Labour-independent coalition Council in Anglesey
The Labour group on Anglesey council is forming a coalition with Independents and a Liberal Democrat councillor to run the authority. Last week's election left the authority with no overall control. Labour, which has three councillors, said the 14 independents have a mandate to rule because they won the largest proportion of the vote. Plaid Cymru is the largest party, with 12 of the 30 councillors, and had hoped to form its own coalition with Labour. More on this story can be found on: http://www.bbc.co.uk/news/uk-wales-politics-22464818
Anglesey was the only Welsh council to hold an election last week, after being delayed by a year. It followed the appointment by the Welsh government of commissioners to run the council in 2011 after bitter splits between independent councillors. Some of those commissioners will remain in place until at least the end of this month. In February, the then Local Government Minister Carl Sargeant said full control would be handed back to the authority only when a stable administration was in place.
So yet another election has resulted in a coalition. In Wales we have had two coalitions in the Welsh Assembly. The first was from 2000 to 2003 when Labour and the Liberal Democrats were in government and the second was from 2007 to 2011 when Labour and Plaid Cymru were in coalition. The UK government is currently a coalition between the Conservatives and Liberal Democrats. Is this the future for governments in the UK? For many years coalitions have been common in Europe.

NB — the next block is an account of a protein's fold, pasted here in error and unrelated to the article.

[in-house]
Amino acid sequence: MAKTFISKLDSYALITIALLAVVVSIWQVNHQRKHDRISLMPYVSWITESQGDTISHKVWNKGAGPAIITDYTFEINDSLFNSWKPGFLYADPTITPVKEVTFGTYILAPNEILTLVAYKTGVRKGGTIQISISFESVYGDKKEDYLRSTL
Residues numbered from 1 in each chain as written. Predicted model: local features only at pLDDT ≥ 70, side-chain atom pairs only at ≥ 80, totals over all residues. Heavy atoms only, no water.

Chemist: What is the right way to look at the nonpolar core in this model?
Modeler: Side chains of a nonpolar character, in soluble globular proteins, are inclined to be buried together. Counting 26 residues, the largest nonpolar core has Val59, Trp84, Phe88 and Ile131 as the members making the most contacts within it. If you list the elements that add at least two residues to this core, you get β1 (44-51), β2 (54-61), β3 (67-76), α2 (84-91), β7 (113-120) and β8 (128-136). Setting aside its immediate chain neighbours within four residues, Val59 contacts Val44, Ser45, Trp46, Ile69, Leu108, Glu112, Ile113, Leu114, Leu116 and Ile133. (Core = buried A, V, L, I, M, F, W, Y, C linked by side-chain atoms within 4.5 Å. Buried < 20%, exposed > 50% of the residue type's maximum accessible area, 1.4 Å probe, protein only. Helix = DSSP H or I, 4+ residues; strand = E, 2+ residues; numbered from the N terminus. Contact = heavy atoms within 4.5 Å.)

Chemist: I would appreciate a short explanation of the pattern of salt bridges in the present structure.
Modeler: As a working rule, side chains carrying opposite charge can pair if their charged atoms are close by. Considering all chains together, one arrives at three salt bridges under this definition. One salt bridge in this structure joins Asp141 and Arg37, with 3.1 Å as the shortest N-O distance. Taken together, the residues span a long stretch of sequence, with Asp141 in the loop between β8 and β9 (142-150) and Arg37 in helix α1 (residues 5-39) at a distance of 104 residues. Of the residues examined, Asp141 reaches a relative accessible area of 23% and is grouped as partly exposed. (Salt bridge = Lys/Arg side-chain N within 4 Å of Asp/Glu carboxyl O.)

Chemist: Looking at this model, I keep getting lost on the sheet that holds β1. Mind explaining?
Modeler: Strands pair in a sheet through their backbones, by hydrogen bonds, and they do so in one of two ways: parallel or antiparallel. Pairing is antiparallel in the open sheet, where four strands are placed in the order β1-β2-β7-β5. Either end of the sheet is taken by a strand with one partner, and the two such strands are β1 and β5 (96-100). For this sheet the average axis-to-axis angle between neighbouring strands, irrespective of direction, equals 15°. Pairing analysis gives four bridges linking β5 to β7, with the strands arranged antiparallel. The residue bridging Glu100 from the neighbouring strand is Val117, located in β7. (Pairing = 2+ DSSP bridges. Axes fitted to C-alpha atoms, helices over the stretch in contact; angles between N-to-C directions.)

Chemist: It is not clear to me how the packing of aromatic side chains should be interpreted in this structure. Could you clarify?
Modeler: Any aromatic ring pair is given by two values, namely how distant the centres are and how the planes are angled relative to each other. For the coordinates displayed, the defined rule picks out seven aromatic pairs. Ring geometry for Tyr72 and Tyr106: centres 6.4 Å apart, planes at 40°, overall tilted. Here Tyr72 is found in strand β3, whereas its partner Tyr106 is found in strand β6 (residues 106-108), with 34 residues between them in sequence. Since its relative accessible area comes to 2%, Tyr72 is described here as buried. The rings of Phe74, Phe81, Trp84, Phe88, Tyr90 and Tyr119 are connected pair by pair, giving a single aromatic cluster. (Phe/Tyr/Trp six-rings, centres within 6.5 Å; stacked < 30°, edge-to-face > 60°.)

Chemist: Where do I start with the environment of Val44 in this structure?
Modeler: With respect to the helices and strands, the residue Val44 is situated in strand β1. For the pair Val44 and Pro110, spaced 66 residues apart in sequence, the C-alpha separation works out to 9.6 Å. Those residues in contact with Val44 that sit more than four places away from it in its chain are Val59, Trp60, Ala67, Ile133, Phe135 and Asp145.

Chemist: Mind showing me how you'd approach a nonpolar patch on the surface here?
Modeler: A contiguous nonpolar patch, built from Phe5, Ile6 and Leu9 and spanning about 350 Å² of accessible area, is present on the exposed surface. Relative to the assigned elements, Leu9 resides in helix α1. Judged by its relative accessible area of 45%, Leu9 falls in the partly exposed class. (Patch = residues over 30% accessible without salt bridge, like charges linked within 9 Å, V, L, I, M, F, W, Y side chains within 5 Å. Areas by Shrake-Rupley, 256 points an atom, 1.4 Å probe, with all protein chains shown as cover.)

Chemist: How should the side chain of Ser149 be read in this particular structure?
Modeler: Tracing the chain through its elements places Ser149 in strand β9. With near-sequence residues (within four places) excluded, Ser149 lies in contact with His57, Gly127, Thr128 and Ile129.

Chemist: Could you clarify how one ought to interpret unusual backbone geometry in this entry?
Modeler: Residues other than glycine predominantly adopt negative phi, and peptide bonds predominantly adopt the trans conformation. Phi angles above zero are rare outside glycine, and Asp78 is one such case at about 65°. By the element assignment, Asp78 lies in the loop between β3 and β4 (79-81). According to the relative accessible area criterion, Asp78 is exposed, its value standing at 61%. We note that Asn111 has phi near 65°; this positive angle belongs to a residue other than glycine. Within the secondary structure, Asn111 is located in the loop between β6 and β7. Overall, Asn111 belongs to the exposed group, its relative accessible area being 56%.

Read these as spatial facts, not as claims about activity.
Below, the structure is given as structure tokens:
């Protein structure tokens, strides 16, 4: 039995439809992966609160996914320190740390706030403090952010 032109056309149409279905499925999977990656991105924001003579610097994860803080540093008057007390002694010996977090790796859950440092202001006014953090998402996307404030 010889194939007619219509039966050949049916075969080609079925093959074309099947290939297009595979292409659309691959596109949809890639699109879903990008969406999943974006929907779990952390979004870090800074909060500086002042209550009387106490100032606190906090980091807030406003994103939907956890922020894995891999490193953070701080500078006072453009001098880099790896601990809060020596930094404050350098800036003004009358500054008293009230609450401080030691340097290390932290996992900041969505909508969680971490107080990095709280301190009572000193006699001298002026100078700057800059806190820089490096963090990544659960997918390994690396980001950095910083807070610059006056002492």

Those who are in favour of coalitions argue Government will be more consensus-based and resulting policies will be broadly approved of and be a better representation of the electorate's wishes. They think there will be a better quality of policy and enhanced scrutiny and increased attention paid to each policy. Also there will be increased continuity so that an election does not lead to a dramatic overhaul which can produce fragmented rule.
Disadvantages of a coalition government could include a tendency to be fractious and prone to disharmony. This is because coalitions include different parties with differing beliefs and who, therefore, may not always agree on the correct path for governmental policy. Also many believe that a government is weaker, less decisive and "confused" about what it stands for.
So will we see more coalitions as the main political parties' policies tend to move towards the centre and away from extreme left or right? Will this be a good thing for local, devolved and national government?
Let us know what you think:
Why do you think that recent coalitions have been a success or a failure?
What do you think are the reasons for more coalitions in the UK?
Do you consider coalition governments to be a good or a bad thing?